Lesson plans are an incredibly important part of teaching. This lesson will show you how to write a lesson plan that is standards-based, which might be required in some teaching positions. You will also read a short example standards-based lesson plan.

## Learning Objective

The first part of your lesson plan should be your learning objective. This is the key goal that you want students to reach. This learning objective should be based off of whichever standards you are using to design your lesson. For example, imagine you are teaching in a first grade classroom, and the standard you want your students to reach is the Common Core State Standard for math content 1.OA.A.1, which reads:

Use addition and subtraction within 20 to solve word problems involving situations of adding to, taking from, putting together, taking apart, and comparing, with unknowns in all positions, e.g., by using objects, drawings, and equations with a symbol for the unknown number to represent the problem.

Your objective might read: ‘Students will be able to use addition and subtraction to solve word problems using manipulatives.’ This objective addresses what specific activity students will do and what you expect them to know by the end of the lesson.

## Standards

This is the most important section of your standards-based lesson plan. In this section, you will list every standard that you are addressing in your lesson. Depending on the requirements from your school or district, this section might either be small (in which you only have to list the number for the standard), or very long (in which you have to list every standard and what each says).

Either way, this section is not something that will be written in your own words. You are simply copying standards from the set your school or district already uses and placing them into your lesson plan.

## Activities

Besides the standards section, this section will be the bulk of your lesson. Here, you will list everything you and your students will be doing throughout the lesson. This section should be thorough, so whoever is reading your lesson knows exactly what will be happening in your classroom. When writing this section, make sure that each of your activities ties back to both your learning objective and the standards you are addressing. A more in-depth example of this will be in the lesson plan example below.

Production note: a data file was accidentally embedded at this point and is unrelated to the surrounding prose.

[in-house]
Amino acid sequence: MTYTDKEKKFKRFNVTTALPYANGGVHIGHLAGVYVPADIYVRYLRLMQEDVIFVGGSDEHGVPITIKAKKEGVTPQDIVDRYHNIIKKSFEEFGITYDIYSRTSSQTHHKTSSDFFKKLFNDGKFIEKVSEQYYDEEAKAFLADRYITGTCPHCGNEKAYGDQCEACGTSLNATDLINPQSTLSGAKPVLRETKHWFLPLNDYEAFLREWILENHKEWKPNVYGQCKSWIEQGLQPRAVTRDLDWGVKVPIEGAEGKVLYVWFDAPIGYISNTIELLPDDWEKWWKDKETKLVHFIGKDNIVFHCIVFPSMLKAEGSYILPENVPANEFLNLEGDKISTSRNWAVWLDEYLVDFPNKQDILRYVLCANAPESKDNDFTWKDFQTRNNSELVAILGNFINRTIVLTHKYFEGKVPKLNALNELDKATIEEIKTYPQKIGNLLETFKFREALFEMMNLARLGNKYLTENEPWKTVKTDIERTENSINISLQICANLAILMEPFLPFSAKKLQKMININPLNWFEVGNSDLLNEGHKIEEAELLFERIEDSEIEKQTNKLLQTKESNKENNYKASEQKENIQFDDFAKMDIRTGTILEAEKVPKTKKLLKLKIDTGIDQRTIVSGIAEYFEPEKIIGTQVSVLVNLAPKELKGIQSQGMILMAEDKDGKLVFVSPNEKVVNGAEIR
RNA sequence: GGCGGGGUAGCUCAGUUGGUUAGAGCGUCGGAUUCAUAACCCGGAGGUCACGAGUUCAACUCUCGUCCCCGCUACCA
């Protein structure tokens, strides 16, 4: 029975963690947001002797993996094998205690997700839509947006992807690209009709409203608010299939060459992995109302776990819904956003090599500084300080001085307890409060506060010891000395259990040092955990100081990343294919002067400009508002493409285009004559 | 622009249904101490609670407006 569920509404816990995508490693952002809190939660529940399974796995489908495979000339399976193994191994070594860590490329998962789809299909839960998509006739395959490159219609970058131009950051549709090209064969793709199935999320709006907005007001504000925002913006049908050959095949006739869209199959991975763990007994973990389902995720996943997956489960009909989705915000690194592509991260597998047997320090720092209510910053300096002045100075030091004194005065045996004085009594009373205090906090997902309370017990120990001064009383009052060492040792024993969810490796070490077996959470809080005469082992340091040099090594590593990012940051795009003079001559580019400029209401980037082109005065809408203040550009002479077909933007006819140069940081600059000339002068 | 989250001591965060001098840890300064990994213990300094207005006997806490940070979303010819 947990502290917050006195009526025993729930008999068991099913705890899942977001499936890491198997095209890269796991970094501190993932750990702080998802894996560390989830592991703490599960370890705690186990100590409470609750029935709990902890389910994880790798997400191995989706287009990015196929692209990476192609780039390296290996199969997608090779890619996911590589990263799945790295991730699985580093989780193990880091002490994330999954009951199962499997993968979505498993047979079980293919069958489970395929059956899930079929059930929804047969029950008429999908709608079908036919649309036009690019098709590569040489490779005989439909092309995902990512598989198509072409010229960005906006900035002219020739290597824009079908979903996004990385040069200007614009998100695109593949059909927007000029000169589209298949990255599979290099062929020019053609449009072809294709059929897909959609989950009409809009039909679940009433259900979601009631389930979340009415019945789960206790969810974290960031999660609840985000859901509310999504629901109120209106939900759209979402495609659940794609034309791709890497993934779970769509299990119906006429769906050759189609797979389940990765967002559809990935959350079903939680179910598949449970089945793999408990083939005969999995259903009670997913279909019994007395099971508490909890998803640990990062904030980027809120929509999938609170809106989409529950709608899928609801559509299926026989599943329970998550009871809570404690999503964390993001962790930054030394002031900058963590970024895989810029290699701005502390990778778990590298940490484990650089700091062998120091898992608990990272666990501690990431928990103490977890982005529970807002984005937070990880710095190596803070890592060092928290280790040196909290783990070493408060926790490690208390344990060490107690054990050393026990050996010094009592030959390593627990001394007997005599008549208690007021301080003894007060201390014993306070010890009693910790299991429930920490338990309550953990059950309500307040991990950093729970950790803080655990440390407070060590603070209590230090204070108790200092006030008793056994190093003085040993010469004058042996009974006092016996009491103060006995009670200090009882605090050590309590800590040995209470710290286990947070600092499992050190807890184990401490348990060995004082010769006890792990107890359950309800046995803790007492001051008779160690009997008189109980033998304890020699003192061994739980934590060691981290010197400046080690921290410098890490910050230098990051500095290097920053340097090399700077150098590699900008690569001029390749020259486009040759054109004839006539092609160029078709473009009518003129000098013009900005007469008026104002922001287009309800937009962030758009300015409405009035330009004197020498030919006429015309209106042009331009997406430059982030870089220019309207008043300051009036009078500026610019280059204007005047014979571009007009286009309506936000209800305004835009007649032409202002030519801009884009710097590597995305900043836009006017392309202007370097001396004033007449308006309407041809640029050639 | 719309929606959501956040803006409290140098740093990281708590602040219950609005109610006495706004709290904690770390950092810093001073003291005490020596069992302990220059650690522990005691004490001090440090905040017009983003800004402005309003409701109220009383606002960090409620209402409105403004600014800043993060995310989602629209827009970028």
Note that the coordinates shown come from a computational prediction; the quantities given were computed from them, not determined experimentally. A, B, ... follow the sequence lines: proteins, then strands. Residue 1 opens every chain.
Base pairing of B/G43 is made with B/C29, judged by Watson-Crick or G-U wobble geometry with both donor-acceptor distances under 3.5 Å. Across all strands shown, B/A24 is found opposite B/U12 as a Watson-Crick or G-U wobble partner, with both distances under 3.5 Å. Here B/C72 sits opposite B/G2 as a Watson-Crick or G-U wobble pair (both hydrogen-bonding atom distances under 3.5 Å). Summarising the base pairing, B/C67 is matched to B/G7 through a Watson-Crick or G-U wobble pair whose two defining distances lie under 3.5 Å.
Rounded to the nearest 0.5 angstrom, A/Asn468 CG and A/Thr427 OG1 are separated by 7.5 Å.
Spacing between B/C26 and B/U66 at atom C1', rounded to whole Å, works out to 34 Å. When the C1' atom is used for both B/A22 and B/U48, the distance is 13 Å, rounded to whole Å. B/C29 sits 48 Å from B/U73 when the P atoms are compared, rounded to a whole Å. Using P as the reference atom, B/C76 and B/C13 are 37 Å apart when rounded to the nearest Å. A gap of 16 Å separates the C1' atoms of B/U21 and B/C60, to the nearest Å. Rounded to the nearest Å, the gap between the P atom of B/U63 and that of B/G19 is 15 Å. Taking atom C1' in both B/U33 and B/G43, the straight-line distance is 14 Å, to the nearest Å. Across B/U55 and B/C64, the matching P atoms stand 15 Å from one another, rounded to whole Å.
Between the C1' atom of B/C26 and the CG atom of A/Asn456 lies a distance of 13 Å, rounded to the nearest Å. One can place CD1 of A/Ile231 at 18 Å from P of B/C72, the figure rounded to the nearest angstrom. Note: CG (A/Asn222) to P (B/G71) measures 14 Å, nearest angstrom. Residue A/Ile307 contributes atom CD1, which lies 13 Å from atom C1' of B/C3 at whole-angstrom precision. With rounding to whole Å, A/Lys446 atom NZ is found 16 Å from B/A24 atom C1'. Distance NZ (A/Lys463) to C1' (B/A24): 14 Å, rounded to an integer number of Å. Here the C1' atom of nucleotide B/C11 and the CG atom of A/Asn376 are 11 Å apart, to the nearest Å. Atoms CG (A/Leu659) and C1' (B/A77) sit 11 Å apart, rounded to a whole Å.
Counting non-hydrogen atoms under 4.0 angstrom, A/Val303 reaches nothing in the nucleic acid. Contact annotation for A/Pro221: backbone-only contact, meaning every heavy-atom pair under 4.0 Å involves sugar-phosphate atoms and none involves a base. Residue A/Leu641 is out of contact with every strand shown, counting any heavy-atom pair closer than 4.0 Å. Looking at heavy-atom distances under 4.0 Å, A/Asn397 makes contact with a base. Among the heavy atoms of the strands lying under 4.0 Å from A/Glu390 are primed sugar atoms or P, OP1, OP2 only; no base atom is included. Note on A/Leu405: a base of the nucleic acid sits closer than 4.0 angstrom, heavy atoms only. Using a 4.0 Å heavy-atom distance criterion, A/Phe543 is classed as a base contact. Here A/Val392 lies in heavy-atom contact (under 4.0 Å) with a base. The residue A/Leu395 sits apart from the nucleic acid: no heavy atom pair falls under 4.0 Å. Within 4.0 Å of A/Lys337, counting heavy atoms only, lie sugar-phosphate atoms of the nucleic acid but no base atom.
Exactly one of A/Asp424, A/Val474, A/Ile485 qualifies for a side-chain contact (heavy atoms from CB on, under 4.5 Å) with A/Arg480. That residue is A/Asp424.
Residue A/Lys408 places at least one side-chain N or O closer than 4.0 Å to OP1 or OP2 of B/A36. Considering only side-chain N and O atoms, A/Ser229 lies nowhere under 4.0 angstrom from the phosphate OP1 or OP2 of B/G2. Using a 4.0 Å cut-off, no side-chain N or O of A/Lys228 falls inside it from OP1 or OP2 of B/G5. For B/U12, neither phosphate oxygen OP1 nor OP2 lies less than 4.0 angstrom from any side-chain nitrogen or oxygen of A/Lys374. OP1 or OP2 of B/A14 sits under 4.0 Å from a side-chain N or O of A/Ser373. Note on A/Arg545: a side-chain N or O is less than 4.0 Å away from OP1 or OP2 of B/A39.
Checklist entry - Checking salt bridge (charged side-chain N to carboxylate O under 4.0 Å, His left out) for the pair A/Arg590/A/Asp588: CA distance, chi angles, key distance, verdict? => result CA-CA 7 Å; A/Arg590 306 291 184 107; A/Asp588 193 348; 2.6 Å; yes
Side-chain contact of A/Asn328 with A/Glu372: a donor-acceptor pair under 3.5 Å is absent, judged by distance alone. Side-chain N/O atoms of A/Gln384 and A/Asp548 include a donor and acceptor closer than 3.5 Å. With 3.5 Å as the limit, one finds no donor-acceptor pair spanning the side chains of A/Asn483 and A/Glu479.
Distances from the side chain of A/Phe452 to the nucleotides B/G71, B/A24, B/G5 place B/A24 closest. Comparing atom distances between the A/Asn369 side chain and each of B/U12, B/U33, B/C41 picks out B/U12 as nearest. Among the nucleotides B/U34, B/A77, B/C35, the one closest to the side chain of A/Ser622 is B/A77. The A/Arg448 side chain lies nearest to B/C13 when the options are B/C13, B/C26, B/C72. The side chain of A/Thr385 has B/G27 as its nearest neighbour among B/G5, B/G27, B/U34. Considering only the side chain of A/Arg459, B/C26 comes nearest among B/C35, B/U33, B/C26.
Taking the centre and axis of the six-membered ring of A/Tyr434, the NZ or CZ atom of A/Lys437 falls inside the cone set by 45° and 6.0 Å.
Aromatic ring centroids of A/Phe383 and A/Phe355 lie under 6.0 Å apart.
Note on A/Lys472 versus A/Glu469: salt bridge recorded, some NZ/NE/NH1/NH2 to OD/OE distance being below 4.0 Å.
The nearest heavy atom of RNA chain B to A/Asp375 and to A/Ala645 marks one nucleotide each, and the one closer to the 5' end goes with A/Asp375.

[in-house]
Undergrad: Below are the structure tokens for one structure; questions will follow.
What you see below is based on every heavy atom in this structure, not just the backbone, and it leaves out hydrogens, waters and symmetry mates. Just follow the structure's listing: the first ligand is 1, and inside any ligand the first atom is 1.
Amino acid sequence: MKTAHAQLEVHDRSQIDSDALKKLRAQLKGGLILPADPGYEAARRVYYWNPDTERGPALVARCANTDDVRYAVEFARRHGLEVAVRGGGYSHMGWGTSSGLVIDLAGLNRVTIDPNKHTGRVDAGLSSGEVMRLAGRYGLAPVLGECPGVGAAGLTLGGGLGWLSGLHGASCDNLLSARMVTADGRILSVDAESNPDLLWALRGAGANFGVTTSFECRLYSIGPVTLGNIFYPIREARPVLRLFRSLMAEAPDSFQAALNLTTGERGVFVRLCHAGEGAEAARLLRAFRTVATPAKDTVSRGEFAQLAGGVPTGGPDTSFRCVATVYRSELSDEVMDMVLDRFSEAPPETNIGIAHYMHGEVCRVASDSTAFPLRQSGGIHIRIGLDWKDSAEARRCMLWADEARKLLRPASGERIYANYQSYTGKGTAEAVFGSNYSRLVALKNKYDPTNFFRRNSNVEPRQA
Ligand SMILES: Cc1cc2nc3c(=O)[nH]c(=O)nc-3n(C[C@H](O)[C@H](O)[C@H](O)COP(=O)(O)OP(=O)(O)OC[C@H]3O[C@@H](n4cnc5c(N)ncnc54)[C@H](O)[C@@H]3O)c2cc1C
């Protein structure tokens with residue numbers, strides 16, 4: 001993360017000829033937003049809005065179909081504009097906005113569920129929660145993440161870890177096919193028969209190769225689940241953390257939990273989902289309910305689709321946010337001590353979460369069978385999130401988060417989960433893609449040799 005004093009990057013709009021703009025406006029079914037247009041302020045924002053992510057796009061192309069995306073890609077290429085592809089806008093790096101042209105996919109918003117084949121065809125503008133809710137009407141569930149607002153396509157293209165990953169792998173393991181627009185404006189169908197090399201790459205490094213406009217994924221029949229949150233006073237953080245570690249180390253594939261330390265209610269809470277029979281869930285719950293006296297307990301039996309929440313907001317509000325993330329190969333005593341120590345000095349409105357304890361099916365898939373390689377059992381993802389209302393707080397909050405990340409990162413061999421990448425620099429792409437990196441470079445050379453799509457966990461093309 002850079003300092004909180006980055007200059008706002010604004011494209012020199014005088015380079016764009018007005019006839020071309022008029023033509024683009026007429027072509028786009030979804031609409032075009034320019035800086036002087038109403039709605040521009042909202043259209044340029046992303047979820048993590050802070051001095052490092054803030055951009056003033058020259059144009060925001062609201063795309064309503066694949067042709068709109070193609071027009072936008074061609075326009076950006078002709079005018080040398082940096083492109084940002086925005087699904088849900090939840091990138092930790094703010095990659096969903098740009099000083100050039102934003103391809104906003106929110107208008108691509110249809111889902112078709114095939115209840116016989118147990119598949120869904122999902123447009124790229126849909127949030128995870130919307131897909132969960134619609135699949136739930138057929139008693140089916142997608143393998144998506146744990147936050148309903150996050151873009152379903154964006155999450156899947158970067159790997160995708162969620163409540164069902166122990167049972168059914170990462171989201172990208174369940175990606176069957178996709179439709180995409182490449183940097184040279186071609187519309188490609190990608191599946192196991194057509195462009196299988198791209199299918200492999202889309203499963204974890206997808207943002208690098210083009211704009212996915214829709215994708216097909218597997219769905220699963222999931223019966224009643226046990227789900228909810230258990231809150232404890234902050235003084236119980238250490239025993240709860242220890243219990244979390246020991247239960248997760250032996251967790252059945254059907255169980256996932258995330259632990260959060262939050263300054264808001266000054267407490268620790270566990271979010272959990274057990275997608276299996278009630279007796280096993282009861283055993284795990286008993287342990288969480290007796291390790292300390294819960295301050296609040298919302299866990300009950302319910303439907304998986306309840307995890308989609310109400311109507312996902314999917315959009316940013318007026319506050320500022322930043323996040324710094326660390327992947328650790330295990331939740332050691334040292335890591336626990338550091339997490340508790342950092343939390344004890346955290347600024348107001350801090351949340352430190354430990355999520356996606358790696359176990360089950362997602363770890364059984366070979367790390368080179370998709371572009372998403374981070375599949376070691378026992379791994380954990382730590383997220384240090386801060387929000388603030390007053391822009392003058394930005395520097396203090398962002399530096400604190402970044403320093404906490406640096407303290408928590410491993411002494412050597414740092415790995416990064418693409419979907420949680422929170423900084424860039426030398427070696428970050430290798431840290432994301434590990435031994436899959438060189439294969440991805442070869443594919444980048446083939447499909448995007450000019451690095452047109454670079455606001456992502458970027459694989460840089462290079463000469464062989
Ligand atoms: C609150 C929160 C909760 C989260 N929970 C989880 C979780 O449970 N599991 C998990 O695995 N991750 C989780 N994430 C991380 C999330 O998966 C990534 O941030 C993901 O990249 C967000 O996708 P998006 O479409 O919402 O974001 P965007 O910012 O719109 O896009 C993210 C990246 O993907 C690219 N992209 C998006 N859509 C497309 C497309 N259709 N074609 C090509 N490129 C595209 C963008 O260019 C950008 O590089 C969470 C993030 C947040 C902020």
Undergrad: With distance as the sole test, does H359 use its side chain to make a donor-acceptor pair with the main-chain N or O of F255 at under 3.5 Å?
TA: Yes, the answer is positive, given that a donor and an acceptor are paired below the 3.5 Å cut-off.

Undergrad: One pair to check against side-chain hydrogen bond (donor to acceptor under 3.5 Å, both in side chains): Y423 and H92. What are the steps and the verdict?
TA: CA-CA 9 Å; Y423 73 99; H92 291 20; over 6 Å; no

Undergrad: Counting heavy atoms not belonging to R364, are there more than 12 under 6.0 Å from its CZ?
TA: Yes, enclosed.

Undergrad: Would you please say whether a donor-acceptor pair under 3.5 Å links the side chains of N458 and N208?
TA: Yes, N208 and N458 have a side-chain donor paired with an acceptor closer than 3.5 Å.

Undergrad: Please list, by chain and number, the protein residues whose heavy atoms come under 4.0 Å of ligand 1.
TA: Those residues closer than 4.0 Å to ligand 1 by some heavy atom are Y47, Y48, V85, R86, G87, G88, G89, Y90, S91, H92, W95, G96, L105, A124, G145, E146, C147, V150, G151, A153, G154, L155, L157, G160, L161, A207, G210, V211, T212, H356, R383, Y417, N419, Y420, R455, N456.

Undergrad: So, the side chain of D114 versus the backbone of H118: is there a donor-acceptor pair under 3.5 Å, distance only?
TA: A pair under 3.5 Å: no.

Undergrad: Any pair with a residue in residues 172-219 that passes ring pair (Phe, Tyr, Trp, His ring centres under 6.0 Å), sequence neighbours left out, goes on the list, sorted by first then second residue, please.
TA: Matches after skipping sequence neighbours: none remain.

## Materials

It is important that you include materials you and your students will use during a lesson in your plan. This helps you keep yourself organized by having a clear list of things you need, and will help anyone else carry out this lesson in your absence. Again, a clearer example of this will be included in the lesson plan below.

## Assessment

The final section of your standards-based lesson plan will be how you are going to assess student knowledge. Whichever assessment type you choose, you should be aiming to measure whether students have met the standards you set out to teach. You can use a variety of assessment types, from formal (tests, quizzes, projects) to informal (discussions, questions, observations) to determine if students have met your learning objective and standards.

## Standards-Based Lesson Plan Example

This example will be for a first grade math lesson. However, the template can be applied to any subject area and grade level.

**Learning Objective**: Students will use their knowledge of place value and familiarity with longs and cubes to compare two 2-digit numbers using <, >, and =.

**Standards**: CCSS.MATH.CONTENT.1.NBT.B.3: Compare two two-digit numbers based on meanings of the tens and ones digits, recording the results of comparisons with the symbols >, =, and <.

CCSS.MATH.CONTENT.1.NBT.B.2: Understand that the two digits of a two-digit number represent amounts of tens and ones.

CCSS.MATH.PRACTICE.MP5: Use appropriate tools strategically.

**Activities**:

1.) The teacher will begin the lesson by reminding students what they have already learned about 2-digit numbers, helping them recall that tens can be seen as a bundle of ten cubes. The teacher will also help students recall what a cube and a long represents, and how they can be used to construct 2-digit numbers.

2.) The teacher will show students two different groups of longs and cubes, both representing 2-digit numbers. The teacher will ask students which group shows more. Once students have answered, the teacher will show how students can use the symbols <, >, and = to compare two numbers.

3.) Students will practice creating and comparing 2-digit numbers by using longs and cubes. The teacher will observe and help students during this activity.

4.) Students will pair up and challenge each other by comparing two 2-digit numbers they create using longs and cubes. Students will check each other’s work to ensure they are using the appropriate comparison symbol.

5.) The teacher will pose one final comparison problem for students to answer on an exit slip.

**Materials**: longs, cubes, pencil, paper

**Assessment**: The exit slip students filled out at the end of the lesson will help determine who has mastered the skill, and who still needs more practice with comparing 2-digit numbers.